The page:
PCOS | Polycystic Ovary Syndrome – Understanding Symptoms & Treatment

I met with Dr. Aliabadi to learn more about PCOS, so that I can now share the causes, symptoms, treatments and all of that good stuff with you guys.

What is PCOS?

Polycystic Ovarian Syndrome (PCOS) is a very common condition that affects 6% of the population of women in their reproductive age. It is associated with elevated androgens (male hormones), which we all have in our systems to a certain level.

PCOS Symptoms

  1. Hair loss (mostly male-patterned)
  2. Acne
  3. Facial hair growth
  4. Body hair growth
  5. Irregular periods
  6. Painful periods (most associated with depression)
  7. Weight gain (associated with insulin resistance)

There are many symptoms, but you don’t have to have all of them to be diagnosed with PCOS. It’s usually a clinical diagnosis, but in 2013, the endocrinology society determined diagnosis criteria – you need 2 of the following symptoms: elevated androgen, irregular periods and PCOS-looking ovaries on an ultrasound.

Some patients have all the symptoms of PCOS, but when you look at their androgen, it’s within normal limits – that doesn’t mean they don’t have it because some patients have androgen sensitivity.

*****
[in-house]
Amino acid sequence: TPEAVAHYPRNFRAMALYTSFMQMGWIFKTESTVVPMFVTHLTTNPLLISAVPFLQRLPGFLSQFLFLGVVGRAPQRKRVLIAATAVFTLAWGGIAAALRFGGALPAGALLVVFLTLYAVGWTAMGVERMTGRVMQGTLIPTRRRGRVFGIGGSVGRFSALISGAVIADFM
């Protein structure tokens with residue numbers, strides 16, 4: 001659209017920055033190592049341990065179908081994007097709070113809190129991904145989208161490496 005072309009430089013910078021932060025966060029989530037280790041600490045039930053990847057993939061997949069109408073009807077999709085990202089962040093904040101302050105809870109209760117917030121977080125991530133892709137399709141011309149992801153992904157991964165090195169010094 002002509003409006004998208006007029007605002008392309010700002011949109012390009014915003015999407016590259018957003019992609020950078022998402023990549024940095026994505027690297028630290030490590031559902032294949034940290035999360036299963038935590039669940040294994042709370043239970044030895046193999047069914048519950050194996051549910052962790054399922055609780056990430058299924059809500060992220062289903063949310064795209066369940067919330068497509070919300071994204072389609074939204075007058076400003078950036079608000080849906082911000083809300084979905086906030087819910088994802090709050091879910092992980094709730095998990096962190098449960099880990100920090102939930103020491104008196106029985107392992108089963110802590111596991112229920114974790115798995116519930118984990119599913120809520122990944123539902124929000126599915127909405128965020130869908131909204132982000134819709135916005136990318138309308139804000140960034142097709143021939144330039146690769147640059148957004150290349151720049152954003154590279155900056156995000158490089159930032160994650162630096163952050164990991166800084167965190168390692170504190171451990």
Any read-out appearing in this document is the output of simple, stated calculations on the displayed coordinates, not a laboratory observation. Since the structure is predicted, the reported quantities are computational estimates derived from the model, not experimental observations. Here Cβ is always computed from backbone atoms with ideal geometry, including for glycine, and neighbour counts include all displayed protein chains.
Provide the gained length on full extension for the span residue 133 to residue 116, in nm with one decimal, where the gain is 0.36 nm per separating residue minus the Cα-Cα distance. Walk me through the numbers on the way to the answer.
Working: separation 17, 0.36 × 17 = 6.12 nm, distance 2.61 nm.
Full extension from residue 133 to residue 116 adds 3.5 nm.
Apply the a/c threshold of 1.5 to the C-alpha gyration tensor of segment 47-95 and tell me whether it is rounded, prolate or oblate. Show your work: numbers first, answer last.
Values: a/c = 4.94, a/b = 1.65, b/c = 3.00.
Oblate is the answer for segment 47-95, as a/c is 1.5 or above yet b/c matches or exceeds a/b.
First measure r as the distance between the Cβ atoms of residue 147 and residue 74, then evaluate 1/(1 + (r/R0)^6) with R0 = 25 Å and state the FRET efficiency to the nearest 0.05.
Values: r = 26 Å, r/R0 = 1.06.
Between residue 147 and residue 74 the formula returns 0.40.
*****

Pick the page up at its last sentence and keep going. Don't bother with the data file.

The name is very confusing – polyCYSTIC ovarian syndrome – so when patients come in, they think they should have big cysts on their ovaries, but this isn’t true. Ultrasound findings actually show ovaries that are a little bit larger with semi-stimulated little follicles, like a “sack of pearls.”

Let’s say you’re 30 years old and battling ongoing acne, have male-patterned hair loss, are overweight and have irregular periods – Dr. Aliabadi knows right away that you have PCOS.

How PCOS Affects Your Body

The majority of patients with PCOS suffer from insulin resistance- the same condition that causes Type 2 diabetes. When people without insulin resistance eat carbs, it goes into their system and stimulates the pancreas to release insulin. That insulin stimulates the skeletal muscles to uptake the glucose from the blood and turn it into energy. For a patient with insulin resistance, when blood sugar goes up and insulin gets stimulated, the cells do not respond well to this insulin, so the glucose is not being taken up by the cell, and it stays in the blood. The glucose goes back to the pancreas, and causes more insulin release, becoming a vicious cycle.